Lewis's three brothers served overseas in World War I, but his own decision to enlist in 1916 was blocked by Delprat's approaches to the Federal Munitions Committee and the Department of Defence, and so he remained, perhaps uneasily, a civilian. In the war years he worked more and more as Delprat's unofficial assistant at the company's head office in Melbourne. He had moved his family to Malvern in 1915. In March 1919 he stood in for Delprat for eight months and on 23 November was appointed assistant general manager at £2500 per year.

In 1920 Lewis and Harold Darling, youngest of the B.H.P. directors, made a world tour, visiting scores of steel plants and iron mines in the United States of America. Delprat and his steelworks manager David Baker had been attracted to the new Duplex process of converting pig-iron into steel but Lewis's observations convinced him that the method was unsuitable for Australian conditions and his opinion carried enough weight with the board for his cable to halt the plans. He made a similar attempt to quash the installation of Semet-Solvay coke ovens; he was unsuccessful though later events were to prove his deductions correct. On the same day that Lewis submitted his report of the tour, 18 February 1921, Delprat agreed to step down, and Lewis was appointed general manager at a salary of £4000. He was the first Australian to hold the office since the resignation of S. R. Wilson in 1886.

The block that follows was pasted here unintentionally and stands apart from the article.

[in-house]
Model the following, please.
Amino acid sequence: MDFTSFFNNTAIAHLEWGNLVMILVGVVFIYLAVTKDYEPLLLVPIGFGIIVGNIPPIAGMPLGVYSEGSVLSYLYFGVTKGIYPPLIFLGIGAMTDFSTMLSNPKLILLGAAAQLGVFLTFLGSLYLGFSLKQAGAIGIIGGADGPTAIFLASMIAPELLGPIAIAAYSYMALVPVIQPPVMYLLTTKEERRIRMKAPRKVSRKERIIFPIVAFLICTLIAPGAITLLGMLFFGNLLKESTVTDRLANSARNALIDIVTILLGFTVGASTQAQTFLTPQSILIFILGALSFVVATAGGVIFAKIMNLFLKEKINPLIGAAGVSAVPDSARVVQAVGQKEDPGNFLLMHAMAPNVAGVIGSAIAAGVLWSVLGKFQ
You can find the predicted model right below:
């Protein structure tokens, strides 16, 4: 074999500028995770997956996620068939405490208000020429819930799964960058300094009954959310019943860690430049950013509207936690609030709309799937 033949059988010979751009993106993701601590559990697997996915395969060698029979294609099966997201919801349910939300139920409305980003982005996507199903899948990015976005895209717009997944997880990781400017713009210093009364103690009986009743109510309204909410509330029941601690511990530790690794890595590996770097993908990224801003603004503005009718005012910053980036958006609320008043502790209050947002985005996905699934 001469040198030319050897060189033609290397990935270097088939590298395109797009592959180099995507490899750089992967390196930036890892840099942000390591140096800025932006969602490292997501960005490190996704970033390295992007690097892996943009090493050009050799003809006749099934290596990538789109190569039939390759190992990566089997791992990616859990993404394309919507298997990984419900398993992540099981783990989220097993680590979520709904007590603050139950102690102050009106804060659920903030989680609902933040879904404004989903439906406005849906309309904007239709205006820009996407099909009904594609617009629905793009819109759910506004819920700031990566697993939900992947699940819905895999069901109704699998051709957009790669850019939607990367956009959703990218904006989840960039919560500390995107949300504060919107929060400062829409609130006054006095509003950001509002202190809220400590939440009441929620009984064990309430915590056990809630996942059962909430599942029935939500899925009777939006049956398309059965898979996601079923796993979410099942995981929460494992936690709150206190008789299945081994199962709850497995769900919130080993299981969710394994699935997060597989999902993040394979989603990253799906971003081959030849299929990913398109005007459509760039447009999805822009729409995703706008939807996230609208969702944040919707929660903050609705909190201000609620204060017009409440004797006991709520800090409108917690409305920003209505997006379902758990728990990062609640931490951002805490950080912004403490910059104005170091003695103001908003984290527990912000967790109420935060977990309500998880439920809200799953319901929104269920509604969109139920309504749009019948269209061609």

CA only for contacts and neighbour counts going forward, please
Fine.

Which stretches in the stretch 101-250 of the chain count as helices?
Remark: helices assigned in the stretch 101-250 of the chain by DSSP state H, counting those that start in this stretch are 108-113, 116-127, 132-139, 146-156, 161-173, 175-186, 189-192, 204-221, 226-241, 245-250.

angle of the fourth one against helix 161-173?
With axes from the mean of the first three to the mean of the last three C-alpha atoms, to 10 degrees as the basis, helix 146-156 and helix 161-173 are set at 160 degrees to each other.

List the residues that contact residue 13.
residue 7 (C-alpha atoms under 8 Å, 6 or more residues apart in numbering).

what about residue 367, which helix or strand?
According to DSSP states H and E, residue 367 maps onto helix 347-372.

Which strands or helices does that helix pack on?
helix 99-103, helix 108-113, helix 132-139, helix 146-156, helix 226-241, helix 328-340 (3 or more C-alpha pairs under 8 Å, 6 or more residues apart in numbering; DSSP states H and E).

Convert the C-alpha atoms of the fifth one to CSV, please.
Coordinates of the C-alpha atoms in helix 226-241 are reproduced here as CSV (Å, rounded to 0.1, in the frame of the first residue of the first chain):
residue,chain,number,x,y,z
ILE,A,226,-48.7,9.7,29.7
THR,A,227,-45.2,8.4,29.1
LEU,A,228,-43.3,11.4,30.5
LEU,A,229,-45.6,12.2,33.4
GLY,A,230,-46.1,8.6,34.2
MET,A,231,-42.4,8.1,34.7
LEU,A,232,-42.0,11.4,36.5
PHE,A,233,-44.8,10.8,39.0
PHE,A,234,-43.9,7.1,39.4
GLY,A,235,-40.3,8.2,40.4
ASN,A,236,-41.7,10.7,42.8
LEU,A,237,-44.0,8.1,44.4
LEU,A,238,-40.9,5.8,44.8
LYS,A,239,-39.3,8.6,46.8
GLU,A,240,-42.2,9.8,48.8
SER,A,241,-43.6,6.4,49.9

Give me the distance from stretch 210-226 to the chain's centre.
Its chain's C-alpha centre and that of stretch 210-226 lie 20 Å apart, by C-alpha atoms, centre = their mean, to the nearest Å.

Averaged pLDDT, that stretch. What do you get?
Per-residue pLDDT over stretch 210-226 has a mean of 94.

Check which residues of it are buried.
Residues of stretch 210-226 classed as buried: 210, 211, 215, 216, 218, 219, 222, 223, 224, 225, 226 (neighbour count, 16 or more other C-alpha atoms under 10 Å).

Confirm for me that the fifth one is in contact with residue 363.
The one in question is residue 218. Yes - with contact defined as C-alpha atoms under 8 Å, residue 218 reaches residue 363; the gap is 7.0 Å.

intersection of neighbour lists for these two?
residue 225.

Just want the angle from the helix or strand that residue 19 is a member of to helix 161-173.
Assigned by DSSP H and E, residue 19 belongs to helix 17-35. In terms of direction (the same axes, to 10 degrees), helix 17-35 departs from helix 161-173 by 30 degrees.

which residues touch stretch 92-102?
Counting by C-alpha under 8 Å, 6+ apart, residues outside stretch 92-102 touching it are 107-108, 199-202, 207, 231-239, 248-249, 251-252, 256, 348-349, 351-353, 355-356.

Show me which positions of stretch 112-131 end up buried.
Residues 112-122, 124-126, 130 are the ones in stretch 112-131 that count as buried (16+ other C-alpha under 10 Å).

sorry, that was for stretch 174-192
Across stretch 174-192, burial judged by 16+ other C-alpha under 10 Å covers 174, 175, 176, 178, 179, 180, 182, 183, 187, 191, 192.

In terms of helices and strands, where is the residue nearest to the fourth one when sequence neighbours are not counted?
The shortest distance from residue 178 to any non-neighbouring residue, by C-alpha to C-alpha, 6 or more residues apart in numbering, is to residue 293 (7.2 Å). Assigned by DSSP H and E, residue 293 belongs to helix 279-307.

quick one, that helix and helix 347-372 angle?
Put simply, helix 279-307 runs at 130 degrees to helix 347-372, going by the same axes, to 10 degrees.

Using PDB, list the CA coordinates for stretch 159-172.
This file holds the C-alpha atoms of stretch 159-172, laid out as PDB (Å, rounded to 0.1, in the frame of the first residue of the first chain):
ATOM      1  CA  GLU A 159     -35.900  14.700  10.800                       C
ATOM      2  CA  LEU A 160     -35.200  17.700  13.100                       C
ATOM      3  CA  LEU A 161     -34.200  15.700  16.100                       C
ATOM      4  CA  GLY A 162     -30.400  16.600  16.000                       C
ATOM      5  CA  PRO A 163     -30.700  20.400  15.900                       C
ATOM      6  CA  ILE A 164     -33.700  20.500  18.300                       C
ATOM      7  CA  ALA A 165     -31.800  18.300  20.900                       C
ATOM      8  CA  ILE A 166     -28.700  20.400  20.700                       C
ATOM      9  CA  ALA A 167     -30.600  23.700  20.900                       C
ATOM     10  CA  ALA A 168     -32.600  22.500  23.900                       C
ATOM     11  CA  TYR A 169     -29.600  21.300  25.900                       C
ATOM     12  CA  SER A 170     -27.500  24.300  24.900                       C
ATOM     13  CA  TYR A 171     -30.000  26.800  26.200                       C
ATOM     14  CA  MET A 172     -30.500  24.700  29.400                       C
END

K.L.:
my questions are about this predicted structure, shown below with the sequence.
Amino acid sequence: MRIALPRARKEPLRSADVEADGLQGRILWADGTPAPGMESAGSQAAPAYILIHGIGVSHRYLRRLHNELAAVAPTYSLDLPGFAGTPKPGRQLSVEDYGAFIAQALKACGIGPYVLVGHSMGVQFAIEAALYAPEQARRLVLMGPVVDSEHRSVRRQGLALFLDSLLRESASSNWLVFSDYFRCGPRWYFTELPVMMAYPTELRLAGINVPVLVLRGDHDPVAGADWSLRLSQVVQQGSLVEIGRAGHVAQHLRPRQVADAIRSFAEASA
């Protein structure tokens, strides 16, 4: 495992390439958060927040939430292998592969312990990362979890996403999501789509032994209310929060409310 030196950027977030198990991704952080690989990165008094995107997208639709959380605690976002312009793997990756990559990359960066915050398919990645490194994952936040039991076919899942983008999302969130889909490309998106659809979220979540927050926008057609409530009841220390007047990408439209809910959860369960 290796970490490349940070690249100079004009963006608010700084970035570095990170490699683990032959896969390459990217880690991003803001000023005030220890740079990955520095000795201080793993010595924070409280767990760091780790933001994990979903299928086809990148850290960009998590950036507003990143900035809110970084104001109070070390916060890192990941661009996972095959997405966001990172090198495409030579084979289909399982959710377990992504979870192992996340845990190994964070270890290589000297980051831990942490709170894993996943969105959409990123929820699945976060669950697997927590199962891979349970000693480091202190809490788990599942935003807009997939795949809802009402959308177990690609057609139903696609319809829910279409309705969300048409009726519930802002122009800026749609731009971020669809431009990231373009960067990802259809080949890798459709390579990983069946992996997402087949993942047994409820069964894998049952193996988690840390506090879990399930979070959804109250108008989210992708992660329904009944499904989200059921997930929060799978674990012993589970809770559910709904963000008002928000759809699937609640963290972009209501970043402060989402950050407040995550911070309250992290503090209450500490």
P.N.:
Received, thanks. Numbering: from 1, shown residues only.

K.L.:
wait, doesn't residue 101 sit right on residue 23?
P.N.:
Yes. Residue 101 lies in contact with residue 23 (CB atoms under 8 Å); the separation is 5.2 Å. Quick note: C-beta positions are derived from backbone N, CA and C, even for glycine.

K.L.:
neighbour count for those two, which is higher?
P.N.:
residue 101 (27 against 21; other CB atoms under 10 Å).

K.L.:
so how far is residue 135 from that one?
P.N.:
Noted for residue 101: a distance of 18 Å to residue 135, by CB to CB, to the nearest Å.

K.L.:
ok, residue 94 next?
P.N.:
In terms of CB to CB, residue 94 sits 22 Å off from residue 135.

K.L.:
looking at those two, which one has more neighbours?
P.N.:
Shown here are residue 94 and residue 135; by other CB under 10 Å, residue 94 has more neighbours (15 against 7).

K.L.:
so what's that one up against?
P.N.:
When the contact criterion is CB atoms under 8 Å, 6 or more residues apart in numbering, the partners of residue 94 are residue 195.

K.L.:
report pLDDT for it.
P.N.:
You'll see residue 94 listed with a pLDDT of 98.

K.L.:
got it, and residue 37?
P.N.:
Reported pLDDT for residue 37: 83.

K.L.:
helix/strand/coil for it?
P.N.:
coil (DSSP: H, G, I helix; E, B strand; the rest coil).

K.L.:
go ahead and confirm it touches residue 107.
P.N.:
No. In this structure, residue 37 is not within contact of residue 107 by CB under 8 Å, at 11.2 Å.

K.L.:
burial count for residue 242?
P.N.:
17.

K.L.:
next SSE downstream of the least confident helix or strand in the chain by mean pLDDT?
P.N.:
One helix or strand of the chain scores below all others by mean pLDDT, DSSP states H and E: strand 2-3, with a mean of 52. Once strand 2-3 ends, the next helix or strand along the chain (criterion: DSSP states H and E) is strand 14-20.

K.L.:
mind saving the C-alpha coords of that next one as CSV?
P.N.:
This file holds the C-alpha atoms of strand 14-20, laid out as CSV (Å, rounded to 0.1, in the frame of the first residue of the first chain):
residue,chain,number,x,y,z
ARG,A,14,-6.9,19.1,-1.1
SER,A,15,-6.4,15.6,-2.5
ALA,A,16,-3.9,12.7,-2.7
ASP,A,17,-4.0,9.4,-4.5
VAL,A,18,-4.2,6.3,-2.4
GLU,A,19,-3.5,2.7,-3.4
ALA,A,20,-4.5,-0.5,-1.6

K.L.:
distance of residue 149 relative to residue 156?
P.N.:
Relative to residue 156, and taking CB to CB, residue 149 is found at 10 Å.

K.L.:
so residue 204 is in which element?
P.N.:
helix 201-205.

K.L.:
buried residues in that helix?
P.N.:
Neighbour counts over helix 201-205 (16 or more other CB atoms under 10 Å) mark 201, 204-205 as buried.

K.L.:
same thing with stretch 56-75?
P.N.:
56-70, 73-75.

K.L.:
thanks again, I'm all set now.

When Lewis arrived at power the Australian steel industry was tottering and B.H.P. could not compete with imported steel. In June 1922 the fires at Newcastle were drawn and nearly 5000 men dismissed. Lewis used the chance to analyse the efficiency of plant, men and managerial methods. The rod mill and bloom mill were improved, open-hearth furnaces rebuilt and a new metal foundry erected. The changes, which extended to the safety code and the system of transport at the plant, were effective. But they might not have been accepted by the board had it not been for the strong support Darling gave Lewis. Darling, who had succeeded Bowes Kelly as chairman in October, was friendly with Lewis, and in Melbourne he saw him almost daily. Suave, companionable and tolerant, he was the polished foil for Lewis's bluntness; because of their differences the two men formed a powerful partnership. The steelworks reopened in 1923 on a surer footing and in 1926 Lewis, with the new title of managing director, became the first B.H.P. executive officer to take a seat on the board.